Standardizing Typography
I then addressed the typography, ensuring we had consistent text sizes and selecting an easy-to-read font. These changes were aimed at creating a uniform appearance and improving readability.

Guidelines for Tokens
Rules for spacing, border, sizes and other design elements were also set. Proper definitions is crucial for clear, uncluttered visuals. This part of the process was about making our designs look good and work well.

Incorporating Accessibility
It was important to factor in accessibility during this stage, ensuring our designs were usable by everyone, including people with disabilities. To do that I looked specially on color contrasts and text sizing, making sure we had a inclusive design.

Implementation and Integration

Standardizing Components:
Once we had the foundations ready, I began refining our components. This wasn't just about aligning with our new standards; it also involved merging similar components and simplifying others to eliminate any redundancy. This optimization ensured each component was purposeful, unique, and contributed to a more efficient design system.

Classifying Components:
Finally, I sorted our components based on their purpose, such as forms and graphs. This categorization process was essential to understand the frequency of use and the standardization of components. It helped create a comprehensive library that was intuitive and free from redundancies, facilitating a smoother design process.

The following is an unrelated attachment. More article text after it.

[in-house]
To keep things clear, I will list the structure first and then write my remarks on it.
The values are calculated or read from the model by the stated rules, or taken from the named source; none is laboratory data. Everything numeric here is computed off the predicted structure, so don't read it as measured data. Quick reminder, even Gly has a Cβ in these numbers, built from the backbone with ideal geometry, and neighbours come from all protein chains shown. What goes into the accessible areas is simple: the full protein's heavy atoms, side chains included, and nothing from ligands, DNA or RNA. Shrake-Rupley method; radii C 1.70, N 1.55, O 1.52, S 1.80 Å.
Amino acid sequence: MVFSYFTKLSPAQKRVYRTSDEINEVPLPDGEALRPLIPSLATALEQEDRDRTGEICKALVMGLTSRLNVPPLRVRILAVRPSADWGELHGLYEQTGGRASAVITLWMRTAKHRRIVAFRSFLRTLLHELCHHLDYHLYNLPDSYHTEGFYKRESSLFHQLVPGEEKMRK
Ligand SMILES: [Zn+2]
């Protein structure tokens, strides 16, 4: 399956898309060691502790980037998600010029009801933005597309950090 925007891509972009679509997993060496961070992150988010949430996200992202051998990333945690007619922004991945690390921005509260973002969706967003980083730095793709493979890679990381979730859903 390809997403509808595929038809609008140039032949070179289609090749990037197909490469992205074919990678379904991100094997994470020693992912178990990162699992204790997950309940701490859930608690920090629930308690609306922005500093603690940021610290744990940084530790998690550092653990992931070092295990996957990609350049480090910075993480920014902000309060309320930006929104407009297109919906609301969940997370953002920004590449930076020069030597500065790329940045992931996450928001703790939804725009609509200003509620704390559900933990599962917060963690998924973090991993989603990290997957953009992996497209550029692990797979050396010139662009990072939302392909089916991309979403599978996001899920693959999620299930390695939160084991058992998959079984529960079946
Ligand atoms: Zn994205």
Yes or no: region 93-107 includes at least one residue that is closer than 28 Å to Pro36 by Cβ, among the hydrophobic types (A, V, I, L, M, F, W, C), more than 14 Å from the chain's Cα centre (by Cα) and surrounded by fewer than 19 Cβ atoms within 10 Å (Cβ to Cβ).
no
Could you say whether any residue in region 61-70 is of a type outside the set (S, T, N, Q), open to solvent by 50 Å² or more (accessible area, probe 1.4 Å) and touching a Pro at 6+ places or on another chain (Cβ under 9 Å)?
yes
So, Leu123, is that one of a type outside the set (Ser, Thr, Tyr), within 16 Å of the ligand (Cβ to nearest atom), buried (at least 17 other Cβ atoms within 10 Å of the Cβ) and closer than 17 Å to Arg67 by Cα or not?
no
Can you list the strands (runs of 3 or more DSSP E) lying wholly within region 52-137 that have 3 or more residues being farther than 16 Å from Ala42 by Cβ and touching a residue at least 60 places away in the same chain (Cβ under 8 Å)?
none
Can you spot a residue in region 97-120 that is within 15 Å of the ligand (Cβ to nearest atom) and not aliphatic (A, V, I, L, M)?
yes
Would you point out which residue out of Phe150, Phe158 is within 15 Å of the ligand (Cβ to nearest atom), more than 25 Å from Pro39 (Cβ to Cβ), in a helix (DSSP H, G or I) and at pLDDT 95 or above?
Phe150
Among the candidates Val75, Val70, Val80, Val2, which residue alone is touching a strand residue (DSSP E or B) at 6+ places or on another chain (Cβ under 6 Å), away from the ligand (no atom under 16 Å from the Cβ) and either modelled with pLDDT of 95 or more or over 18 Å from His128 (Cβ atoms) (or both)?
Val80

Integrating Bootstrap:
Bootstrap was chosen for its adaptability and familiarity. Customization were made to align it with our new design system.

Teaming Up with Developers:
With the design guide ready, I collaborated with developers, assisting them in translating designs into functional elements and build the documentation around the usage.

GRESB UI | Front-end library documentation


This project was more than just the creation of a design system; it was a journey that sharpened my skills, expanded my perspective, and taught me the value of continuous learning and adaptation in the field of design.

Balancing Flexibility and Consistency
It was vital to learn how to strike a balance between the demands of consistency and flexibility. The ability to adjust to various product categories with distinct theme colors taught me the skill of adaptable design inside a structured framework, even if maintaining a consistent appearance and feel was still crucial.

Adherence Challenges
The design system adoption was very successful in terms of report construction and new product development. However, although we achieved full adoption of the Figma library for components and tokens in the design aspect, the development side faced challenges with older systems. Due to being built on older solutions, the developers were reluctant to adopt the new library in these cases. Nonetheless, we are still implementing the design system in these older systems, but they lack the simplicity in reusing components.

Value of Simplification
Simplifying components and removing redundancies was a significant learning curve. It taught me that less is often more in design. This approach not only made our design system more efficient but also easier for other team members to understand and use.

Documentation and Knowledge Sharing
Though I documented the design process, more detailed documentation, particularly around the rationale behind certain decisions, would be beneficial. It could serve as a valuable resource for new team members and help in maintaining consistency in the long term.